Queenslanders are being urged to head home as the state prepares to reinstate a hard border lockdown with NSW this week.
Premier Annastacia Palaszczuk announced the closure on Wednesday as Australia recorded its deadliest day of the pandemic so far.
The state recorded just one new case overnight taking the state's number of active cases to 11.
But the small yet persistent number of people trying to dodge quarantine health measures had forced her hand, the premier said.
"I will not risk the safety of Queenslanders and I will not risk our economy," she told reporters.
The Sunshine State will close its border with NSW and ban ACT residents from 1am Saturday.
Road access will be blocked to all vehicles except those from border communities and those carrying essential workers.
Returning residents will also have to undergo a 14-day hotel quarantine at their own expense.
Ms Palaszczuk says the health measures will help Queensland avoid the kind of economic damage being inflicted on Victoria.
But Queensland's tourism chief warned the latest lockdown could represent the final nail for some businesses.
"It's another blow for an industry punch drunk from six months of bad news," Daniel Gschwind from the Queensland Tourism Industry Council said.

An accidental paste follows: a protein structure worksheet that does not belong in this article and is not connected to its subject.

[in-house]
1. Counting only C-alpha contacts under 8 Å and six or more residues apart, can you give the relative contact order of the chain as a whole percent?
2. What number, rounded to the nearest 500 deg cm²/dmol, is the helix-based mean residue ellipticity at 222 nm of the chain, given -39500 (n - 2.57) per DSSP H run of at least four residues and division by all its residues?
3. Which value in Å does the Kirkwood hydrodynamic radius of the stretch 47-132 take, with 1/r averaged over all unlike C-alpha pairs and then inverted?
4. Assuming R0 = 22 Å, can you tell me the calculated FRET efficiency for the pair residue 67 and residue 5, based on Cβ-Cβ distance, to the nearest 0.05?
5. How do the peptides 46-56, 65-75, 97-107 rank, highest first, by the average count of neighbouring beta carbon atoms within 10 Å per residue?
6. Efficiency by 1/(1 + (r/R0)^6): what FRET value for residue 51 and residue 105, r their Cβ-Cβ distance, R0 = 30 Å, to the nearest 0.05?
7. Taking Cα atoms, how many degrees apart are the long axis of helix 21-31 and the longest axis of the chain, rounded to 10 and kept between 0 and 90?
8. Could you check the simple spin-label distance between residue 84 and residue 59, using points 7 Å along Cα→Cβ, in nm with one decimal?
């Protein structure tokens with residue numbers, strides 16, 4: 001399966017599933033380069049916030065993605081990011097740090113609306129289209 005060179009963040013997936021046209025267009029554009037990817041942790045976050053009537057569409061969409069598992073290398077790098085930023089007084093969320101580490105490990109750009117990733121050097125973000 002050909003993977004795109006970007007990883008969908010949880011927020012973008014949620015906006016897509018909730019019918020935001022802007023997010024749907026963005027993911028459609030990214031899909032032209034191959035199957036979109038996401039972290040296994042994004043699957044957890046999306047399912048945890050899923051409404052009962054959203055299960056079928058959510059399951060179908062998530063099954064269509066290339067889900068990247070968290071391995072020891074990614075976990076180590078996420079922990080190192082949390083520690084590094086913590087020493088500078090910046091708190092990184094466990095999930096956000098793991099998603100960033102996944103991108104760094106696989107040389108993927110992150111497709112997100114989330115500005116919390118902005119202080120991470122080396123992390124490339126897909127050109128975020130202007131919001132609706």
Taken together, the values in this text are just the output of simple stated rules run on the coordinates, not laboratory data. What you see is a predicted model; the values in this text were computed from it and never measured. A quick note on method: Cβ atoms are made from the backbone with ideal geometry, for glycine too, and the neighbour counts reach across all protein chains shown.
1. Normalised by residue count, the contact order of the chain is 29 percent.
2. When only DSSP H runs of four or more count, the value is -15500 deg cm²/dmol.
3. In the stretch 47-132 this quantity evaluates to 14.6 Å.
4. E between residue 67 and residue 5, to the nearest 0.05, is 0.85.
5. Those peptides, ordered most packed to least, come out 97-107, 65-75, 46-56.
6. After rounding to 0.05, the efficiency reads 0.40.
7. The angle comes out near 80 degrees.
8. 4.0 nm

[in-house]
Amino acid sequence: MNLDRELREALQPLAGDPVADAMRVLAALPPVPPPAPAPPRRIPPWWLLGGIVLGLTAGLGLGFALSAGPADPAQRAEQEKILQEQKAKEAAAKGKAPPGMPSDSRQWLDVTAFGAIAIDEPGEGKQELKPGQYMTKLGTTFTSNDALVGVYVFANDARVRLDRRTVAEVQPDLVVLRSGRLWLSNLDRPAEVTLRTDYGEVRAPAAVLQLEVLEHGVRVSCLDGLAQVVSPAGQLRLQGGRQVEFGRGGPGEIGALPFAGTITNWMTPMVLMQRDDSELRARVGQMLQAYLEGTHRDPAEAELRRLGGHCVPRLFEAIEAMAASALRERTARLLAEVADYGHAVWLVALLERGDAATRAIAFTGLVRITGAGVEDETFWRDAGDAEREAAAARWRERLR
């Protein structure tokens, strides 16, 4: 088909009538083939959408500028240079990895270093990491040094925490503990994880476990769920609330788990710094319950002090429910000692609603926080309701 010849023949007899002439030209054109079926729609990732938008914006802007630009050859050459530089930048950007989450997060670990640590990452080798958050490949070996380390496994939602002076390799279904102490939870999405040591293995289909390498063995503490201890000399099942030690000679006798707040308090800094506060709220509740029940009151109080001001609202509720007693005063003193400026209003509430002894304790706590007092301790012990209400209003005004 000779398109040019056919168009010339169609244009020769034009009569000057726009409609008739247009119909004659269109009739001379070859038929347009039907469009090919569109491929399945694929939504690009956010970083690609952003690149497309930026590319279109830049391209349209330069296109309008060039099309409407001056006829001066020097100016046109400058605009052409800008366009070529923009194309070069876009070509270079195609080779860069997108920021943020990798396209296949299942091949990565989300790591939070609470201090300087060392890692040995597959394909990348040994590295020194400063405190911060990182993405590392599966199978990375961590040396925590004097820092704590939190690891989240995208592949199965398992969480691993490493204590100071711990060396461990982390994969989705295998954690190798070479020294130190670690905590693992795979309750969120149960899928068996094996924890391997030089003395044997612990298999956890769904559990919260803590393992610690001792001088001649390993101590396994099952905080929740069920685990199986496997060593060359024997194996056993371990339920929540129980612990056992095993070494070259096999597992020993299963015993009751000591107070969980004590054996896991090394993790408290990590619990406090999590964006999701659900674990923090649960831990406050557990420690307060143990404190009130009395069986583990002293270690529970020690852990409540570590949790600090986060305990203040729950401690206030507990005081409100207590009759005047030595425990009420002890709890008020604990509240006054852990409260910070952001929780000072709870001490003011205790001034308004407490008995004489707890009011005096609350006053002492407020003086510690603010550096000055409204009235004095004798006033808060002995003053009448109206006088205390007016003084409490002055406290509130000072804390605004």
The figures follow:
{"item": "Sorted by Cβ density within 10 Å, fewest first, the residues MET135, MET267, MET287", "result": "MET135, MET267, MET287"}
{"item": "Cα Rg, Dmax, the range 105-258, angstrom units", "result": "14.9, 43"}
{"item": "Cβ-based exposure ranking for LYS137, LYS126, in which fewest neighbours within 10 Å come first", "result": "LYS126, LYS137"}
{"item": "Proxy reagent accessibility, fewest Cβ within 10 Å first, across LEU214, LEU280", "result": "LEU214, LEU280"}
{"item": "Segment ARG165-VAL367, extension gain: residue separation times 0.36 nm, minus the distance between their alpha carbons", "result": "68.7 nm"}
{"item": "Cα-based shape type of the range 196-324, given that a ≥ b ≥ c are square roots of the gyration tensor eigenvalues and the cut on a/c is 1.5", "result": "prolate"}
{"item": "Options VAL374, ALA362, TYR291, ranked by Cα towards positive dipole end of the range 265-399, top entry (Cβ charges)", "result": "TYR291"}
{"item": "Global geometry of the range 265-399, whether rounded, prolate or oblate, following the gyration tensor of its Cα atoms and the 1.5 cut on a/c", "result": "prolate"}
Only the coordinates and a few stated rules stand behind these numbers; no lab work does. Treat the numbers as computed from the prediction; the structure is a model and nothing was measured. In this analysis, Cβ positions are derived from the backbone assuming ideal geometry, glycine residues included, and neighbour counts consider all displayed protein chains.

The industry supported hundreds of thousands of jobs and businesses which were now at stake, he added.
"It saps confidence and our capacity to plan for the future. We struggle to see how we can navigate out of this."
The border restrictions come after Queensland police cleared a man of wrongdoing for travelling into the state on a diplomatic exemption.
The man in his 20s flew from Kabul to Sydney then on to the Sunshine Coast on Friday.
He was carrying an exemption provided by NSW authorities and a Department of Foreign Affairs and Trade letter.
However, it was later revealed he was a private security contractor for Australia's embassy and was not entitled to a consular exemption.
He was diagnosed with COVID-19 on Sunday and is in self-isolation with his wife in Toowoomba.
DFAT have denied they assisted in the man's exemption application, which was apparently drafted on a department letterhead.
The trip prompted the premier on Tuesday to remove a federal government loophole allowing diplomats and consular officials to be exempt from hotel quarantine in Queensland.
More than a dozen notices have been issued in the past week to people for allegedly lying on border entry paperwork.
Deputy Police Commissioner Steve Gollschewski said a man had been charged after allegedly trying to skirt quarantine by driving from NSW to the ACT to catch a flight to Brisbane, then heading on to Cairns.
He allegedly told police he was "frustrated" with the restrictions and "wanted to go to work".
Meanwhile, three men from Logan, south of Brisbane, have tested negative to the virus after being caught allegedly trying to dodge quarantine after travelling from Melbourne.
They were issued with court notices and placed in quarantine by police.